MBA Crystal Ball: How much importance do you give to the GMAT score break (verbal, quantitative scores, the IR section)?
Maryke: We look at total GMAT scores. The breakdown is interesting to give us insight into the profile of a candidate, but we do not evaluate any of the sections in isolation. For instance, the IR section could provide interesting background/insight into the profile of our candidates.
RSM MBA application
MBA Crystal Ball: How does the rolling admissions process work at RSM? Do early applicants have better odds of getting in?
Maryke: We will treat all applicants equally, regardless of when they apply. I do advise candidates to submit an application as soon as they are ready. We will start the evaluation straight away after submission which means they will receive an answer soon after, enabling them to prepare for their relocation etc.
MBA Crystal Ball: How can RSM MBA applicants demonstrate their passion to make a difference to the environment and society in general?
Maryke: Applicants can demonstrate this passion by citing examples of what they’ve done in this regard, projects that they have been involved in, ideas they have on the subject etc. They can use the CV as platform and/or showcase this in their final, optional essay.
Tips to tackle RSM MBA essays
MBA Crystal Ball: How important is it for you to know that the applicant has a clear post-MBA goal? How can applicants show that in the essays?
Maryke: Applicants need to honestly reflect their reasons for wanting to do the MBA and how that fits into their post-MBA planning. This does not necesarilly mean that we want to see detailed, five-year plans – we want to see that applicants have put some thought into and have answers to questions such as “why an MBA” “why now” “what must the MBA do for you” “where would you like your career to go with the MBA” etc
MBA Crystal Ball: In the hobby question, is it important to link back the benefits to the candidate’s professional goals? Or is it ok to talk about an interest that has very little overlap with the applicant’s job?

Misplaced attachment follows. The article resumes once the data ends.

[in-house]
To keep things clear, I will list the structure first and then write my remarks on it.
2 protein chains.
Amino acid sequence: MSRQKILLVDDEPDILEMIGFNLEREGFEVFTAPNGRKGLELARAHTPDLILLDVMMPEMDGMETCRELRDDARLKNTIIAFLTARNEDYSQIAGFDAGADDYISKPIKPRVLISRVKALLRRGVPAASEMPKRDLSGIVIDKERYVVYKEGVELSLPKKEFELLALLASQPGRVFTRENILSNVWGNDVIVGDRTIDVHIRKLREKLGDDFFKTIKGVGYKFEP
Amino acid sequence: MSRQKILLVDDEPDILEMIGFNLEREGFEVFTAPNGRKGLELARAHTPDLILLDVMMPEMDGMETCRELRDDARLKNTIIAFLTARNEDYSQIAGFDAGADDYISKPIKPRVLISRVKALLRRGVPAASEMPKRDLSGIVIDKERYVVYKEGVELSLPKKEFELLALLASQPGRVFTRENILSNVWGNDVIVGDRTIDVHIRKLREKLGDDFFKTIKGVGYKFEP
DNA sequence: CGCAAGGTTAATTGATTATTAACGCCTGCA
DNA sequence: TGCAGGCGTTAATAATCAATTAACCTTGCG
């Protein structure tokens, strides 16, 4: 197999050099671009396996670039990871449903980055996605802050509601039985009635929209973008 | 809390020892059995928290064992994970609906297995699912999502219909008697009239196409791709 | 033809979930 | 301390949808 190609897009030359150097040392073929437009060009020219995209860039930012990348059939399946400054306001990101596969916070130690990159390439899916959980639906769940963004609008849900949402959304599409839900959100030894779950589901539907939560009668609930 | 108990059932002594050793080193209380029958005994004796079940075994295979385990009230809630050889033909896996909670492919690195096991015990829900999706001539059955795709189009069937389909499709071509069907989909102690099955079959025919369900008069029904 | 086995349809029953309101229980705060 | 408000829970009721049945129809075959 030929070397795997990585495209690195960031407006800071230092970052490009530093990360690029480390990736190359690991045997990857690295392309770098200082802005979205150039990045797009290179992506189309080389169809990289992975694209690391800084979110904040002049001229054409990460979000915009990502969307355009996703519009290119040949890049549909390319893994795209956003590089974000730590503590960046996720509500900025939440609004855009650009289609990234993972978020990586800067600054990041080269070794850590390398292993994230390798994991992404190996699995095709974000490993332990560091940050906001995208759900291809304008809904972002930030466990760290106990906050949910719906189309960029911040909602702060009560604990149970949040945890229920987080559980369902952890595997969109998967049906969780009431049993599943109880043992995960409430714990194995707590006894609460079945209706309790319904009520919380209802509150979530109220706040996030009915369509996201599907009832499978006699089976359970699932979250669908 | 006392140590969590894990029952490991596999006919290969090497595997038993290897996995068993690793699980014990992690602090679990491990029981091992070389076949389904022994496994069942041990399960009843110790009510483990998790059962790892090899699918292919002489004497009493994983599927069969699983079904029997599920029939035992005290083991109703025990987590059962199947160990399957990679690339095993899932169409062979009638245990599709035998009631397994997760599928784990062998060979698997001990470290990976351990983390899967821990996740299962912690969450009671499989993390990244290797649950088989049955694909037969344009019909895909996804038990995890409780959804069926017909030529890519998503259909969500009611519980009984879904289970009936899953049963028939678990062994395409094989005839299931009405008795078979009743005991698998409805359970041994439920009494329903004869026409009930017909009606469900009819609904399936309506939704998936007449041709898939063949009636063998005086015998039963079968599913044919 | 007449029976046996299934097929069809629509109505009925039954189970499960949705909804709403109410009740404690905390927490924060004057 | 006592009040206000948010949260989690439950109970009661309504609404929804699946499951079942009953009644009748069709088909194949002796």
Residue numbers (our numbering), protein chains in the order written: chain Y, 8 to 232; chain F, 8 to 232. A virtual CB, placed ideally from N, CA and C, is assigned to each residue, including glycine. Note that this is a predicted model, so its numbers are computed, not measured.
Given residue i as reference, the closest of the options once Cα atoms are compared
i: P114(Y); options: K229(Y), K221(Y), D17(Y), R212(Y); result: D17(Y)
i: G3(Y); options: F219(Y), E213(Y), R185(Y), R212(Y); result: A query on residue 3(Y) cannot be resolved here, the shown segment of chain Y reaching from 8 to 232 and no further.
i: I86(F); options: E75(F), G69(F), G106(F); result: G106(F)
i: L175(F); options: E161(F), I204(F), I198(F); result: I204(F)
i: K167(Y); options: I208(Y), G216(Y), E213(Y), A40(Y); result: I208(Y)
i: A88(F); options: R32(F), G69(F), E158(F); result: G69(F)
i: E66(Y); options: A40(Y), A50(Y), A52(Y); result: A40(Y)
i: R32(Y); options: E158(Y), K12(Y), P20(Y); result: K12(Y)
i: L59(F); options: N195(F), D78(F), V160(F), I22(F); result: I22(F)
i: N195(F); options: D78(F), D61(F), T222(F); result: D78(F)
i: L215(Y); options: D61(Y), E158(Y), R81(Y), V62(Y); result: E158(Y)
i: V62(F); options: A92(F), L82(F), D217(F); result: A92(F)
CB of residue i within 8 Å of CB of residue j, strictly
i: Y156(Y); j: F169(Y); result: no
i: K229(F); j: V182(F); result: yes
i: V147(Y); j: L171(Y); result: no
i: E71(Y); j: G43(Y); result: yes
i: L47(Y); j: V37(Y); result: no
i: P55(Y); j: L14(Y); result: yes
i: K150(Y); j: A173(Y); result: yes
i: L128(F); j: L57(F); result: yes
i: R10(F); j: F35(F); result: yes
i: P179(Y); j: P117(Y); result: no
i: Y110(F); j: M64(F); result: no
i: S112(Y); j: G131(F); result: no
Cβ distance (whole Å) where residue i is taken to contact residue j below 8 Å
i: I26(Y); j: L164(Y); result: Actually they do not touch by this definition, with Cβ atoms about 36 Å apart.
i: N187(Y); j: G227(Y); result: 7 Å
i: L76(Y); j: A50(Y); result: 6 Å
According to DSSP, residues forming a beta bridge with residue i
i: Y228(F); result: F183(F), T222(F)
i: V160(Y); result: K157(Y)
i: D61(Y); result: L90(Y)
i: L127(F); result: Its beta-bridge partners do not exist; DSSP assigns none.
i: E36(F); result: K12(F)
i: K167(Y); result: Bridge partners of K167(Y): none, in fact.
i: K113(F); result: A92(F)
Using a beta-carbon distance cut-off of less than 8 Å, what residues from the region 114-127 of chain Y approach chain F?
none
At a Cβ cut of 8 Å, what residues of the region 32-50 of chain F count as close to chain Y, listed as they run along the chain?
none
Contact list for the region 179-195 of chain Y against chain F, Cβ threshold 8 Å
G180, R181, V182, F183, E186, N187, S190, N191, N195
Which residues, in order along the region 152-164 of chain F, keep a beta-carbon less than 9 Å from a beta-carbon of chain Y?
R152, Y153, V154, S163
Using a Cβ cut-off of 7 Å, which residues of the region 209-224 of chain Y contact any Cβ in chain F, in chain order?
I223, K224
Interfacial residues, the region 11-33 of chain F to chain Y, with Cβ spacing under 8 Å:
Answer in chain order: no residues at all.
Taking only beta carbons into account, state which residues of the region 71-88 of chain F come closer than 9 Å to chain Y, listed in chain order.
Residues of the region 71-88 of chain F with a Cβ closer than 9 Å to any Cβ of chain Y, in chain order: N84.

Maryke: This essay is completely open and, again, honesty is the best policy! We want to learn about our candidates and what their hobbies are – it can be absolutely anything that is interesting to our candidates, that they have a passion about and that they enjoy doing. Trying to link it to professional goals will probably make the answer lose it’s authenticity!
RSM MBA placements
MBA Crystal Ball: How easy is it for international students to get a work-permit in the Netherlands?
Maryke: We place almost 85% of our students within 3 months after graduation of which 76% in the Netherlands/Europe – in a class that is 95% international with an intake of about 30% European, these statistics speaks for itself…
The Netherlands is also very expat friendly. Our students are allowed to stay for a year post-graduation on a search visa if they are still looking for a job. There is also an expat tax ruling in place in the Netherlands as an incentive for foreigners to live and work in the Netherlands.
MBA Crystal Ball: In the last few years, what kind of jobs have Indian students taken up and in which region/city?
Maryke: A full overview of our career placements can be found on our official site.
Our Indian students are comprised in this report.
MBA Crystal Ball: What can students do before and during the program to increase the odds of getting their dream job?
Maryke: Students need to ensure that they make use of all possible opportunities coming their way through the MBA. Even before the programme starts, they can tap into the MBA network to start profiling themselves amongst like-minded peers. It is important that they work with our Career Development Centre and career coaches in ascertaining what they want and how they will go about achieving their goals.